In his book Bogle on Mutual Funds, John Bogle estimates that a fund’s costs from turnover will be in the rough ballpark of 1.2% x the reported annual turnover rate. So, for example, a fund with a 100% annual turnover rate will experience a “hidden” cost of approximately 1.2% per year. But that is of course just an estimate, and the actual costs will vary from one fund category to another.

Claiming Social Security at Full Retirement Age is Often a Mistake

Imagine for a moment that I am an insurance company, and you are a married retiree. And, as an insurance company, I offer to sell you either (or both) of two annuities:

  • With Annuity A, for every $100 of the annuity you purchase, I promise to pay you $7 per year for as long as you or your spouse is alive.
  • With Annuity B, for every $100 of the annuity you purchase, I promise to pay you $7 per year for as long as both you and your spouse are still alive.

But I will only sell you, at most, $10,000 of either annuity.

There would be a number of reasonable decisions you could make here. You might purchase $10,000 of each annuity. Or you might purchase neither. Or you might purchase $10,000 of Annuity A and $2,000 of Annuity B. And so on.

But you wouldn’t, for instance, purchase $10,000 of Annuity B and $2,000 of Annuity A. Nor would you purchase $5,000 of each. And that’s because Annuity B is strictly worse than Annuity A.

In short, you wouldn’t spend a dime on Annuity B unless you had already purchased the maximum amount of Annuity A and you still wanted to purchase more annuities.

What Does This Have to Do with Retirement Planning?

In our hypothetical example above, Annuity A is essentially what you get when the higher earner in a married couple delays claiming his/her Social Security retirement benefit. And Annuity B is what you get when the lower earner in a married couple delays claiming benefits. (The percentages are slightly off, but the concept is the same — delaying the benefit of the spouse with the higher primary insurance amount increases the amount the couple receives as long as either spouse is still alive, while delaying the low-PIA spouse’s benefit increases the amount the couple receives while both spouses are alive.)

In our example above, it doesn’t make sense to buy any of Annuity B unless you’re already buying the maximum amount of Annuity A. And, with Social Security, the low-PIA spouse shouldn’t be doing any waiting unless the high-PIA spouse is already planning to wait until 70.

Unfortunately, it’s common to see couples in which both spouses start taking Social Security at full retirement age (or close to it), despite the fact that there would have been a strictly-superior strategy available to them.

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A Backup Plan is Mandatory for Most Would-Be Retirees

As I mentioned last week, I recently read Darrow Kirkpatrick’s new book Can I Retire Yet. One of the things I most enjoyed about the book was its stressing of the importance of “lifeboat strategies.” Kirkpatrick writes:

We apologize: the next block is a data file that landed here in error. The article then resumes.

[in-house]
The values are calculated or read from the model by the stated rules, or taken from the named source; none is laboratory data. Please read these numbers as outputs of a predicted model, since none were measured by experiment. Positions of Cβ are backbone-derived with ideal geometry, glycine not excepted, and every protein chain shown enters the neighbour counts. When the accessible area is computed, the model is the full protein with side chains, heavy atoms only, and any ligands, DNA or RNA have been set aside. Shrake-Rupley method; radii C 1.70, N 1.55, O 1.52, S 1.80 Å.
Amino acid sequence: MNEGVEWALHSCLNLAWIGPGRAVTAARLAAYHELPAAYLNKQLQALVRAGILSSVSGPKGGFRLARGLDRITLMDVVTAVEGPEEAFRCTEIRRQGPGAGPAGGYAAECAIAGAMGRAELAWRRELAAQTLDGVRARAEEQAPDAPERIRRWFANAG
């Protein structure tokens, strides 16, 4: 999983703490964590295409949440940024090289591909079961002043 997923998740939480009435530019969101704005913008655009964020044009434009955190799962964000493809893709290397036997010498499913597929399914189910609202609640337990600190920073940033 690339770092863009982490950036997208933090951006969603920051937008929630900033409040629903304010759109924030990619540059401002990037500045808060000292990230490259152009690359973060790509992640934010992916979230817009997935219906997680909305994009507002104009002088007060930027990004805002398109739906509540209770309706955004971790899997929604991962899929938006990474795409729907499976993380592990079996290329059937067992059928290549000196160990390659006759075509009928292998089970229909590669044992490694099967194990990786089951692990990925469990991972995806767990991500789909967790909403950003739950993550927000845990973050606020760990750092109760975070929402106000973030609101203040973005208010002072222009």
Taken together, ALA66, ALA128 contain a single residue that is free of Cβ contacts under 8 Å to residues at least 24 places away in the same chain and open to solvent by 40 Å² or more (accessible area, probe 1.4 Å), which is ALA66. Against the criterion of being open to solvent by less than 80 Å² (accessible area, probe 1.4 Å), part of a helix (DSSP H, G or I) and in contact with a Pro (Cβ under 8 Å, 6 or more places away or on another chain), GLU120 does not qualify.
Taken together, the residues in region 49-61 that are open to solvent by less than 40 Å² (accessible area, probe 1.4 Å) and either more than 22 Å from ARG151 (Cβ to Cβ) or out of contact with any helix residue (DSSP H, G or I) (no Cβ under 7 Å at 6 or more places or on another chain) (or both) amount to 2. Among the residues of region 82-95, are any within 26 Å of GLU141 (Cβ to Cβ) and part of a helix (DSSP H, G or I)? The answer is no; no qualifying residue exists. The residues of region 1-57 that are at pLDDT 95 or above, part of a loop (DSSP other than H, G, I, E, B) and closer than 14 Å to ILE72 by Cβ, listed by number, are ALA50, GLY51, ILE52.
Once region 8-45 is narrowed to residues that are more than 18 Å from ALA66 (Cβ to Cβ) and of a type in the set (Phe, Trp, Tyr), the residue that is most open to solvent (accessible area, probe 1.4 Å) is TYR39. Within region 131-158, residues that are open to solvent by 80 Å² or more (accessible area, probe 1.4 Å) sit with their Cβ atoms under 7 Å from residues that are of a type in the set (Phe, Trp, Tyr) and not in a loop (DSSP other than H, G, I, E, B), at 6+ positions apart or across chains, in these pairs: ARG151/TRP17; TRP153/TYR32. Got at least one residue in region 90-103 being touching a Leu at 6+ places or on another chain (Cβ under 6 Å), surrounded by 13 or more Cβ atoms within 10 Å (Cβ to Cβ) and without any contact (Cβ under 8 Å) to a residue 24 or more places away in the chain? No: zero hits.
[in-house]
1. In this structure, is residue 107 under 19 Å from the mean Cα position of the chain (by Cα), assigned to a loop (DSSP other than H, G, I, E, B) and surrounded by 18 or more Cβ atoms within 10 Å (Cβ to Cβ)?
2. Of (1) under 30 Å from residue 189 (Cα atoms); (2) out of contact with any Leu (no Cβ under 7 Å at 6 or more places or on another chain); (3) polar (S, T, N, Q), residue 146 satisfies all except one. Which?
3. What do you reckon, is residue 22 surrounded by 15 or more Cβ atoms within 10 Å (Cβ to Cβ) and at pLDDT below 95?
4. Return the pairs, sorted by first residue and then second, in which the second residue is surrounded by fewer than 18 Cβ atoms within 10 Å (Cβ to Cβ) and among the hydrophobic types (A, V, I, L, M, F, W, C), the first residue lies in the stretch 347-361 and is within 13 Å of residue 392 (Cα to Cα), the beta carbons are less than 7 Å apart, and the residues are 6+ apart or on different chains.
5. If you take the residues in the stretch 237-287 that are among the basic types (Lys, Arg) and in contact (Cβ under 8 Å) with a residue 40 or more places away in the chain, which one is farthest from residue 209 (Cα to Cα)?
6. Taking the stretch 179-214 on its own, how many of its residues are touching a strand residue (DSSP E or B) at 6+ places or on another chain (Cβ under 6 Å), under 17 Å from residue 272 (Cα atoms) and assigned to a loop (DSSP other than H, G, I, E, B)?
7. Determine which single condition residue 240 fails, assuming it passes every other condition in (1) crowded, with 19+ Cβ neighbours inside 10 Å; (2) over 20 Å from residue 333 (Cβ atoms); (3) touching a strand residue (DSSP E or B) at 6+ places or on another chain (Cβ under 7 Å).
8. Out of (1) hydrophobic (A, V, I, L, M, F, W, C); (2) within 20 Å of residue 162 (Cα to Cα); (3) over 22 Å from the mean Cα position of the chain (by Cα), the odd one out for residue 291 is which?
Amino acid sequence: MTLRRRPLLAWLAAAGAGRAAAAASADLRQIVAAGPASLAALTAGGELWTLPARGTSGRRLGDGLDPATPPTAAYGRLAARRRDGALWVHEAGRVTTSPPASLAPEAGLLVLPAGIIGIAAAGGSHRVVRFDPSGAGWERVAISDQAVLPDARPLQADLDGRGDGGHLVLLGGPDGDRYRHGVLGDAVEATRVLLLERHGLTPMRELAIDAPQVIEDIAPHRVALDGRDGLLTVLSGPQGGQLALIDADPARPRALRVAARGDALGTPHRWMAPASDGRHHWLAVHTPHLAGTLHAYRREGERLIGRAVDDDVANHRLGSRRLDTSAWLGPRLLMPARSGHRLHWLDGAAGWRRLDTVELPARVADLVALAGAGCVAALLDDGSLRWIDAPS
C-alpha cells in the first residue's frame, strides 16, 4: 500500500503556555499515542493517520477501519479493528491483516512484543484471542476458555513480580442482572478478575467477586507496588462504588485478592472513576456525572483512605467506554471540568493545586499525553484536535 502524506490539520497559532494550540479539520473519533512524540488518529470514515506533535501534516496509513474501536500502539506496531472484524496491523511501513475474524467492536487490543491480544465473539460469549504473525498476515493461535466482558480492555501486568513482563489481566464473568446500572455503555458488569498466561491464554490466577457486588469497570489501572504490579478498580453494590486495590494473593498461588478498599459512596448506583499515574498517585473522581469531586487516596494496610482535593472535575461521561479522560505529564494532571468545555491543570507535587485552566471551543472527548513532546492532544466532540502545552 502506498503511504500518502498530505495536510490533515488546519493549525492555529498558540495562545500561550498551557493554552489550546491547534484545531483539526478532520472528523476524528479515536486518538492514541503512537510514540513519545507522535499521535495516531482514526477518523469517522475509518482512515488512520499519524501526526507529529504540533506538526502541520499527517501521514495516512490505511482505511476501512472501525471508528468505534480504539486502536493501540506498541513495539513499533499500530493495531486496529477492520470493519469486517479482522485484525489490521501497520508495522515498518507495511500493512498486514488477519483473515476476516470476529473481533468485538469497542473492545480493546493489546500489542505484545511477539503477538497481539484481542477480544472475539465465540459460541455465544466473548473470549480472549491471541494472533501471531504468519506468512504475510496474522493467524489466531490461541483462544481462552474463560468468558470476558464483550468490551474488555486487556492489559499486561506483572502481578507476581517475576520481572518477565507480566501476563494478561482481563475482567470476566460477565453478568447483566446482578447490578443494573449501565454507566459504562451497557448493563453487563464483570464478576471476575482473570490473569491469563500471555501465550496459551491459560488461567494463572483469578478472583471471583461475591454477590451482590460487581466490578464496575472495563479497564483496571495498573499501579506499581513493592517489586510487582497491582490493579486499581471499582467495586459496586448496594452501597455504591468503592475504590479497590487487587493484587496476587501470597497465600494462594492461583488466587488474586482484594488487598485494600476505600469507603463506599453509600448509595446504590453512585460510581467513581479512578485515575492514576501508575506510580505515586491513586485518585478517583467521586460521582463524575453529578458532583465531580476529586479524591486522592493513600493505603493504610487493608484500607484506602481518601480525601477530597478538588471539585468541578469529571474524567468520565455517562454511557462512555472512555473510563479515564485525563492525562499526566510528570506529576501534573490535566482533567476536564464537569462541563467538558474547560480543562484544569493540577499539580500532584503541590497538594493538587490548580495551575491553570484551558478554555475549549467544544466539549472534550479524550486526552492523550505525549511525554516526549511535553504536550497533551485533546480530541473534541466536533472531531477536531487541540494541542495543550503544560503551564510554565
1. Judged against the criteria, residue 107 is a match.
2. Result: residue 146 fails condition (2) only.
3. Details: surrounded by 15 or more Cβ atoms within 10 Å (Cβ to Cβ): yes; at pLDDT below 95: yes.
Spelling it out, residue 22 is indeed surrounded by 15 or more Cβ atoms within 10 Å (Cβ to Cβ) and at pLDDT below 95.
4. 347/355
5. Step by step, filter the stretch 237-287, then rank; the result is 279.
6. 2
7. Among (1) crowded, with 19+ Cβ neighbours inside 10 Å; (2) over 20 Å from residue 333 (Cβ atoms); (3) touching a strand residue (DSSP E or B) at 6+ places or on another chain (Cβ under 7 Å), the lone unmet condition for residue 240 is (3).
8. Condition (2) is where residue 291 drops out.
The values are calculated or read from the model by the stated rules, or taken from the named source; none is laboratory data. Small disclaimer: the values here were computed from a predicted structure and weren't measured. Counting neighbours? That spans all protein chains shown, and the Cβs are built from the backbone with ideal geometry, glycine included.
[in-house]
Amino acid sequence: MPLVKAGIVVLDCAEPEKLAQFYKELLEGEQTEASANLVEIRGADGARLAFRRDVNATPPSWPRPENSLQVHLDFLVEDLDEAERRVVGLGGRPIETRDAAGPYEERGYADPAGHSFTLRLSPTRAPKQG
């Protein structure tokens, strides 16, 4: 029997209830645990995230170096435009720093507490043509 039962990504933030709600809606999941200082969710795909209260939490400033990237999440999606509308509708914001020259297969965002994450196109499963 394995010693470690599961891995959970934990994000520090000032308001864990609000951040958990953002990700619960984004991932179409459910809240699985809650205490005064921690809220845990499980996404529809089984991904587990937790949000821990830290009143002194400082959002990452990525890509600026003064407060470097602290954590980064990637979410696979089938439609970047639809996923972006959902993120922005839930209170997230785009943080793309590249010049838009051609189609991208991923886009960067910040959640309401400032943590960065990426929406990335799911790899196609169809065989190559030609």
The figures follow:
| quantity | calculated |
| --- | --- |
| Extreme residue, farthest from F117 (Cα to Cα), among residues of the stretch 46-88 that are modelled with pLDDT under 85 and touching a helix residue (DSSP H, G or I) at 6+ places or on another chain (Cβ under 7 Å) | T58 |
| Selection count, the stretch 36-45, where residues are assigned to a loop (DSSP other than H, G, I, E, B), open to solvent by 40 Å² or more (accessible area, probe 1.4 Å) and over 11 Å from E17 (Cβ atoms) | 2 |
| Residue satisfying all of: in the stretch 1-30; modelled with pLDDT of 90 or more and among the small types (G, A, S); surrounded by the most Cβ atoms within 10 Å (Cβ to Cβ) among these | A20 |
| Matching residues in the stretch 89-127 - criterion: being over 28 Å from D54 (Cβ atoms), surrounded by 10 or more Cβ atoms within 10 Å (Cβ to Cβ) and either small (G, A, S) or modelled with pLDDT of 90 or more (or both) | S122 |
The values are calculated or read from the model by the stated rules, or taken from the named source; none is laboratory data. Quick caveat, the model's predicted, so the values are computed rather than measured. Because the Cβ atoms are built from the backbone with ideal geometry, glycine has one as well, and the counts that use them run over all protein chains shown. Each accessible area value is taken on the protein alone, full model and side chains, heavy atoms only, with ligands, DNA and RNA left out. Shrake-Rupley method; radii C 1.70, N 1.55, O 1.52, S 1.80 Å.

When I retired at age 50, I couldn’t really be certain that we would have enough money to live comfortably for the next 30-40 years, or longer. Yes, I ran a bevy of retirement calculators. But that’s a long time into the future for any prediction to hold true. So, what really gave me confidence to retire early was not the calculations, but having a backup plan. I knew if things didn’t go as expected, there would be something I could do about it.

The lifeboat strategies are backup plans that can generate the baseline income you need to cover your essential living expenses. That’s the minimum you need for food, shelter, utilities, and medical care and not much else other than free, frugal fun. You hope retirement never comes to that, but, as we’ve discussed, it’s virtually impossible to achieve complete certainty about life decades down the road.

To back up a step, broadly speaking, there are three ways to retire without putting yourself at significant financial risk:

  1. Arrange a situation such that your super safe sources of income (Social Security, inflation-adjusted pensions, and inflation-adjusted annuities) cover all of your needs,
  2. Save so much money that you can get by on an very low withdrawal rate (e.g., less than 3%), or
  3. Save enough money that you can get by on a roughly 4% withdrawal rate and be willing to make adjustments (i.e., implement what Kirkpatrick refers to as a “lifeboat strategy”) if things go poorly.

For many people, option #1 isn’t very appealing because (given how few people have pensions and given the limited income that can be provided by Social Security) it often means using a significant part of the portfolio to purchase one or more annuities. And most people don’t like annuities. (For the record, I do like them.)

And for many people, option #2 is similarly unappealing, because it means keeping spending low during working years (in order to save a lot) and/or keeping spending low during retirement years (so that a modestly sized portfolio can last a long time).

In other words, most people gravitate toward option #3.

But option #3 is only appropriate if you really are willing to make changes when necessary. And, not coincidentally, those changes look a lot like options #1 and #2 in the first place — only more severe, because you’re now in a worse position than you were in when you chose to retire.

As Kirkpatrick stresses in his book, it’s important to spend time thinking about what exactly your backup plan will be — downsizing your home, taking out a reverse mortgage, moving to a less expensive town, etc. If you can’t come up with a specific plan that you would be willing to implement (i.e., you can’t significantly cut back spending or free up additional liquid assets), and you cannot satisfy your desired level of spending with a very modest withdrawal rate from your portfolio, then you probably need to keep working.

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Can I Retire Cover

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Topics Covered in the Book:
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  • How to choose which accounts (Roth vs. traditional IRA vs. taxable) to withdraw from each year,